I don’t know who these actors are that play the investigating detectives but I can’t help ponder that something better could have been found at the community playhouse or maybe the local high school theater department. The Doctor dislikes being snarky, so I will try to move on. I was once heckled in snarky fashion while giving a keynote speech at a convention in Raleigh, North Carolina, and it nearly turned into a donnybrook. It turned out that the fly of my trousers was unzipped, and it was all just a big misunderstanding.
Vernon Wells shows up as Dr. Lanyon, a concerned colleague of Dr. Jekyll’s. Yes, the same Vernon Wells who terrorized the Outback as Wez in The Road Warrior and then donned a chainmail tank-top to go up against Arnold Schwarzenegger as Bennett in Commando! Before you get overly excited, he’s in maybe four scenes. He looks good for a man of sixty or so, but also disinterested. Not that I blame him. It’s also possible that the Earthquake Lager had begun to immeasurably alter my perception of what I was seeing by that point.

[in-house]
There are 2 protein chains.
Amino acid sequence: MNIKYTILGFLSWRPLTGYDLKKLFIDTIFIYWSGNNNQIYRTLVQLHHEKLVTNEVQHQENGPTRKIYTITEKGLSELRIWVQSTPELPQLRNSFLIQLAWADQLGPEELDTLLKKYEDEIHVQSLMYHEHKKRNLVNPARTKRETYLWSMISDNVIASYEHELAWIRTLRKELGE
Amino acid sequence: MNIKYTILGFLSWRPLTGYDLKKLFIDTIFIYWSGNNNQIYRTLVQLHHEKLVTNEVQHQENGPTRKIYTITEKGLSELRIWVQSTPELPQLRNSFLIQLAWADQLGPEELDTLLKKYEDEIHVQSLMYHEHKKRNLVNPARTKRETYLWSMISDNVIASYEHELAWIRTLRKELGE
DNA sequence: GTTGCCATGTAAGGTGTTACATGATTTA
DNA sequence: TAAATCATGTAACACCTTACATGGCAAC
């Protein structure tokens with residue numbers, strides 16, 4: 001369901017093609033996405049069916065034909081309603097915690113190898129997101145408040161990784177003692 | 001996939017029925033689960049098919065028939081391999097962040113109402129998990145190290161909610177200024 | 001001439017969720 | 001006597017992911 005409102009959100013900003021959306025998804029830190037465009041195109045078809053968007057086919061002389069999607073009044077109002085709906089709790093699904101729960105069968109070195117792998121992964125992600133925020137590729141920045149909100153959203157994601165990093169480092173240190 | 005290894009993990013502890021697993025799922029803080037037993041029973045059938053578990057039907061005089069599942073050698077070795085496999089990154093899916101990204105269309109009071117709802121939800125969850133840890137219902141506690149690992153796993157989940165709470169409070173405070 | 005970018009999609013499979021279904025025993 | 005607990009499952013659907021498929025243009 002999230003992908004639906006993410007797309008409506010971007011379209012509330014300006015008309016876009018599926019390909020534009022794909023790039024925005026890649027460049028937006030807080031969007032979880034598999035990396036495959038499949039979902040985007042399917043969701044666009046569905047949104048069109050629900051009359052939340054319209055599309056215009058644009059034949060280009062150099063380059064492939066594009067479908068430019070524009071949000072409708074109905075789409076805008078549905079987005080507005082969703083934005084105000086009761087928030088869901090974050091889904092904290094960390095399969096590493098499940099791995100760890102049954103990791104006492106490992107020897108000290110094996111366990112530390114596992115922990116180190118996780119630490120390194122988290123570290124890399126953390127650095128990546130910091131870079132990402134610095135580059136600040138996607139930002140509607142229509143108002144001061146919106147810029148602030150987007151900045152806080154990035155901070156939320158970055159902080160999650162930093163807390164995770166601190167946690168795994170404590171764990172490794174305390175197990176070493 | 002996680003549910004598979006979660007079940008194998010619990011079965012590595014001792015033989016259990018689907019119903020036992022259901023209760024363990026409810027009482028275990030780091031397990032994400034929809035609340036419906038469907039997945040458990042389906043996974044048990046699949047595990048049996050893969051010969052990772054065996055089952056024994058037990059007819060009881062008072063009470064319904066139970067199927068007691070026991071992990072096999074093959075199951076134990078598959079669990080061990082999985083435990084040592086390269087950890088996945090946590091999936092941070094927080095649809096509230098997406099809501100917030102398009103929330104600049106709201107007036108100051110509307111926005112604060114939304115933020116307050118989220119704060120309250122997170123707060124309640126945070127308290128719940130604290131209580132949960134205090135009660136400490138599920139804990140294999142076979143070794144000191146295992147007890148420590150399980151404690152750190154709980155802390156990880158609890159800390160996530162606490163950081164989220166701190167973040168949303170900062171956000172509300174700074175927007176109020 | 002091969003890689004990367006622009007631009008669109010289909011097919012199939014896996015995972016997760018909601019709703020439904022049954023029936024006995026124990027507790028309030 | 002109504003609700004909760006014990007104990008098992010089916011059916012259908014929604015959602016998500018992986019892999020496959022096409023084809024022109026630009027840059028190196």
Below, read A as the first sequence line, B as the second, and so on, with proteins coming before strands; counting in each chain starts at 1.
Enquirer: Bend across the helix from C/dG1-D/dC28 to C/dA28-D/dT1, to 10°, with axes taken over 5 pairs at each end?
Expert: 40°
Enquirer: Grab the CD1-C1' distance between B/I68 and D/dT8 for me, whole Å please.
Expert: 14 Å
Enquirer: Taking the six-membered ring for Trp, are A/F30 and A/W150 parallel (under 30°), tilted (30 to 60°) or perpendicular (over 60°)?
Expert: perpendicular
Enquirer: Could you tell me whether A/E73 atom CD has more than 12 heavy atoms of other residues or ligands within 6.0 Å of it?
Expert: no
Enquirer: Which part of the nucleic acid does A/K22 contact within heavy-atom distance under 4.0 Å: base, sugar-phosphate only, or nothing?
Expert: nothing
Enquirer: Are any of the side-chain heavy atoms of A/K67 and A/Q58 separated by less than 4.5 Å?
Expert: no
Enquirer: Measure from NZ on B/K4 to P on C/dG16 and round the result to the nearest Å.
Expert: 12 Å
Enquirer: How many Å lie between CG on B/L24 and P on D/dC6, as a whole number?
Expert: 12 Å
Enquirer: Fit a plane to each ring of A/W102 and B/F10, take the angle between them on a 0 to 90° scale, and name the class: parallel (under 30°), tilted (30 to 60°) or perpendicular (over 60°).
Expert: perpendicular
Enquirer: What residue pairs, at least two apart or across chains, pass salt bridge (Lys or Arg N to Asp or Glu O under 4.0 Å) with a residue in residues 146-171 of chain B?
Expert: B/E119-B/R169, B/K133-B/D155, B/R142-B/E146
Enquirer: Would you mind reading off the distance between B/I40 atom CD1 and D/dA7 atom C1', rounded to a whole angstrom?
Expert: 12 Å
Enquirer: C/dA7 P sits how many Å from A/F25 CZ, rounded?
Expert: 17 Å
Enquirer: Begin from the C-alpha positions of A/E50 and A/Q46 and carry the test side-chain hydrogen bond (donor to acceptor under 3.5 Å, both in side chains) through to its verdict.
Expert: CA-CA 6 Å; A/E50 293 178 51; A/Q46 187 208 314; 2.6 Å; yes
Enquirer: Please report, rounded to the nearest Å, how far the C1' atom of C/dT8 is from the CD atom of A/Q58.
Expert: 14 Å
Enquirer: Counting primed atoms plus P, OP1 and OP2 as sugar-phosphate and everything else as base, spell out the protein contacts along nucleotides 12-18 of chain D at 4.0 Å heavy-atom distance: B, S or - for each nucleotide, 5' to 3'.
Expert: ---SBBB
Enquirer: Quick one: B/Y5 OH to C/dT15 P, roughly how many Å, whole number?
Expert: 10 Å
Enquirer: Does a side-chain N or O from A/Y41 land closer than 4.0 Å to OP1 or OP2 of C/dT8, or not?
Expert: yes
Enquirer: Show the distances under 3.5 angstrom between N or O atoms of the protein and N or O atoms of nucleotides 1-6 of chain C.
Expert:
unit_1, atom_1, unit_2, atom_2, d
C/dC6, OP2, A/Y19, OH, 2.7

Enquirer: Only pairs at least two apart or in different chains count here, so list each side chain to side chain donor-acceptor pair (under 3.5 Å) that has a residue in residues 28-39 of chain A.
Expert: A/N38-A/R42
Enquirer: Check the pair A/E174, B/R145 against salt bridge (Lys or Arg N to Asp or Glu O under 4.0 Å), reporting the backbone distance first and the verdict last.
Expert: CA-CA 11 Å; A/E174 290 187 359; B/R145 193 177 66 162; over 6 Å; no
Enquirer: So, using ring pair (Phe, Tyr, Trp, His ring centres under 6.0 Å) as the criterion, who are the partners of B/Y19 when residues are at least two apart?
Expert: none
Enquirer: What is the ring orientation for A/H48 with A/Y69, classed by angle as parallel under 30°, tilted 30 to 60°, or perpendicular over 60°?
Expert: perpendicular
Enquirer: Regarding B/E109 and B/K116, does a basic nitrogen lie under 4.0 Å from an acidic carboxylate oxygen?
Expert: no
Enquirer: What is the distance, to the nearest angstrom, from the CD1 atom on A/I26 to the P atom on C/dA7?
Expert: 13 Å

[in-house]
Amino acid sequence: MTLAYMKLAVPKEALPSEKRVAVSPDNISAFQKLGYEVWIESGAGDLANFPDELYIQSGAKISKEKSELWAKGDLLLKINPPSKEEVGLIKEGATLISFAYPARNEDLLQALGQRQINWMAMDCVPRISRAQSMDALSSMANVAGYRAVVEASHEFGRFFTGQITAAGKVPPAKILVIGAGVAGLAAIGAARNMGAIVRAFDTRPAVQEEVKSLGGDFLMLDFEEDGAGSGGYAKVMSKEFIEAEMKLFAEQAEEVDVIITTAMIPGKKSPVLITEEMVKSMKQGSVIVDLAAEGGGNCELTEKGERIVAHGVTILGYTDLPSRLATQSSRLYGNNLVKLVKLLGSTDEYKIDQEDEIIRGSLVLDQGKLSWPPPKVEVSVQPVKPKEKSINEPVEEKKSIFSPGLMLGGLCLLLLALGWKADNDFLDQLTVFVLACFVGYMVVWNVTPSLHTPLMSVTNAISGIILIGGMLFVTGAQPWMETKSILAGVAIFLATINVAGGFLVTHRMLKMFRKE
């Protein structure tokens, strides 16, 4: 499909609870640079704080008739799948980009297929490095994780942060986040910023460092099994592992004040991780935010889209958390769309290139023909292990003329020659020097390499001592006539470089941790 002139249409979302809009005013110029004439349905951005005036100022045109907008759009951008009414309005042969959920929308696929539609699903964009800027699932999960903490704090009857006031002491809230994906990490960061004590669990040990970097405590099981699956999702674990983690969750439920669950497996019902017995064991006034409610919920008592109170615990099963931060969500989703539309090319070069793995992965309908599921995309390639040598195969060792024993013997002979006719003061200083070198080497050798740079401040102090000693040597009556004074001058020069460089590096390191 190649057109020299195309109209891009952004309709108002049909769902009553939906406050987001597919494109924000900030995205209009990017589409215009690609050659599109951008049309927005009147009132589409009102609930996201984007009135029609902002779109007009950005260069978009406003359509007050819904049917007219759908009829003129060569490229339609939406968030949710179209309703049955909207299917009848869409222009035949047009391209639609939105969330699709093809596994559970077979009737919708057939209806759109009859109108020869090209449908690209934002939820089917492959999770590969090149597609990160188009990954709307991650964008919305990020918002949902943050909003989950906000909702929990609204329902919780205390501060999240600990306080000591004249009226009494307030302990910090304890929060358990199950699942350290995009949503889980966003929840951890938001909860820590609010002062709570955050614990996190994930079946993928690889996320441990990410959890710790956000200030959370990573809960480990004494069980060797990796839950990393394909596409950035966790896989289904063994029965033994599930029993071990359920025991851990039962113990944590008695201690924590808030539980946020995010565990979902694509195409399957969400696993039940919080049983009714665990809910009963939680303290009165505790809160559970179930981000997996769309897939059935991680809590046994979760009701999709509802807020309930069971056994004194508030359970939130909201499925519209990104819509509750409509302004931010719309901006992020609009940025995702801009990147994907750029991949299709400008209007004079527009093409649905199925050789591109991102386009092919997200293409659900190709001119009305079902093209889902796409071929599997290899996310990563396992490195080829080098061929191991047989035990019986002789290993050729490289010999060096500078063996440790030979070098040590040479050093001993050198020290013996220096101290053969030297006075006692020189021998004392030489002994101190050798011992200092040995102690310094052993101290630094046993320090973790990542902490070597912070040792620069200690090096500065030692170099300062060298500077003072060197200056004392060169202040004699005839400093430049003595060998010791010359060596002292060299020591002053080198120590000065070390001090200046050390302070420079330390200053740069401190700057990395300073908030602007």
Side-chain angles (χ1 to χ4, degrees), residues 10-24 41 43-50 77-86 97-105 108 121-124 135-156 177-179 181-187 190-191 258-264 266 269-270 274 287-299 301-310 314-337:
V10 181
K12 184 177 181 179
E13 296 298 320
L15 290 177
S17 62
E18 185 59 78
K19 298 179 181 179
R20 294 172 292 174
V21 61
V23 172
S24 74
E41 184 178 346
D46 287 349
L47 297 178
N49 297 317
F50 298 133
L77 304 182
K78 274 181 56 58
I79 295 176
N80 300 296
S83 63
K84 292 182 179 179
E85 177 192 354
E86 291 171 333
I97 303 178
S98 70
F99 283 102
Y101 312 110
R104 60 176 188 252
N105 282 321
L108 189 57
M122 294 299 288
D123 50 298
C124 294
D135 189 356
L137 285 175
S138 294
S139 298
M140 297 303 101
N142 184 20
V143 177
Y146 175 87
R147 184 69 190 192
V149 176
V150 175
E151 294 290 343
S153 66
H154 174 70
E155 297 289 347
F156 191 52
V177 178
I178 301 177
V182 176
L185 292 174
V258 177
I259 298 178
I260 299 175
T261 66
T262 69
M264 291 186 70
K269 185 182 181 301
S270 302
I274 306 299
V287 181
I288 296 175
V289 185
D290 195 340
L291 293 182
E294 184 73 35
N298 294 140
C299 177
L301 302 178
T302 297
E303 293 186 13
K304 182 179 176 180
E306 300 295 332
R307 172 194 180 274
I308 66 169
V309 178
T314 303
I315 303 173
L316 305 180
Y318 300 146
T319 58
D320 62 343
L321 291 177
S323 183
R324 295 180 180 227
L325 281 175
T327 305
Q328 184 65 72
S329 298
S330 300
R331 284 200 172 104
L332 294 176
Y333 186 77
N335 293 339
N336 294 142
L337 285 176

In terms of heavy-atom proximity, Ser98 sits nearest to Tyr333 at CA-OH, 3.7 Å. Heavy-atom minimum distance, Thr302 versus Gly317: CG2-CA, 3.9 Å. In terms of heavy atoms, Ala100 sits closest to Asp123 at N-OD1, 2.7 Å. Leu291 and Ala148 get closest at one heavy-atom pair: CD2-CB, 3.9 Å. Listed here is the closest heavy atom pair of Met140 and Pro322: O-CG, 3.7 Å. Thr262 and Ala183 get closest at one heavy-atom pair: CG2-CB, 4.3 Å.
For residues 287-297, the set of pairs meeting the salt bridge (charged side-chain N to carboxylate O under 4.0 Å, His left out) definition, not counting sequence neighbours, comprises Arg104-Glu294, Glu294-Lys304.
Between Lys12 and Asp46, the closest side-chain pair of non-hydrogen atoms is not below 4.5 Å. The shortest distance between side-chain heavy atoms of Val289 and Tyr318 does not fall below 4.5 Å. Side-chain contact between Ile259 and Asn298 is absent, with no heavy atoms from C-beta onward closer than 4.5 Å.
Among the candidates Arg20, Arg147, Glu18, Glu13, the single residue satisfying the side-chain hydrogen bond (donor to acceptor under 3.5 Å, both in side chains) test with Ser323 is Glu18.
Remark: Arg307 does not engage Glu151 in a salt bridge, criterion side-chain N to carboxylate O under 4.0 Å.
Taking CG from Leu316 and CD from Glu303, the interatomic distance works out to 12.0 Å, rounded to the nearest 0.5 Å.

Hyde also speaks in a low, guttural growl that makes some of what he says hard to understand, but that hardly matters. Eventually we see Jekyll transmogrify into Hyde, confirming that they are, in fact, the same person. Hyde then goes on a rampage at the hospital, which is sort of amusing. Todd seems to be having fun with the Hyde scenes. Hell, what else can he do here? He does the best that he can with the material, and it can’t have been easy to play two different roles. After Candyman and The Night of the Living Dead remake Todd had a recognizable name in the horror genre. He is the true definition of a working actor. As TNCC founding father Matthew Cade once famously said, “the IMDB don’t lie”. Seriously, look at Todd’s filmography. Horror movie icons, despite the legions of faithful fans, generally have to keep working in order to pay the mortgage and that means taking the Jekyll and Hyde paycheck, such as it is. No one is offering Todd eight million bucks to stroll through a Transformers movie, although, for whatever my humble opinion is worth he has certainly earned the opportunity. He deserves better than this.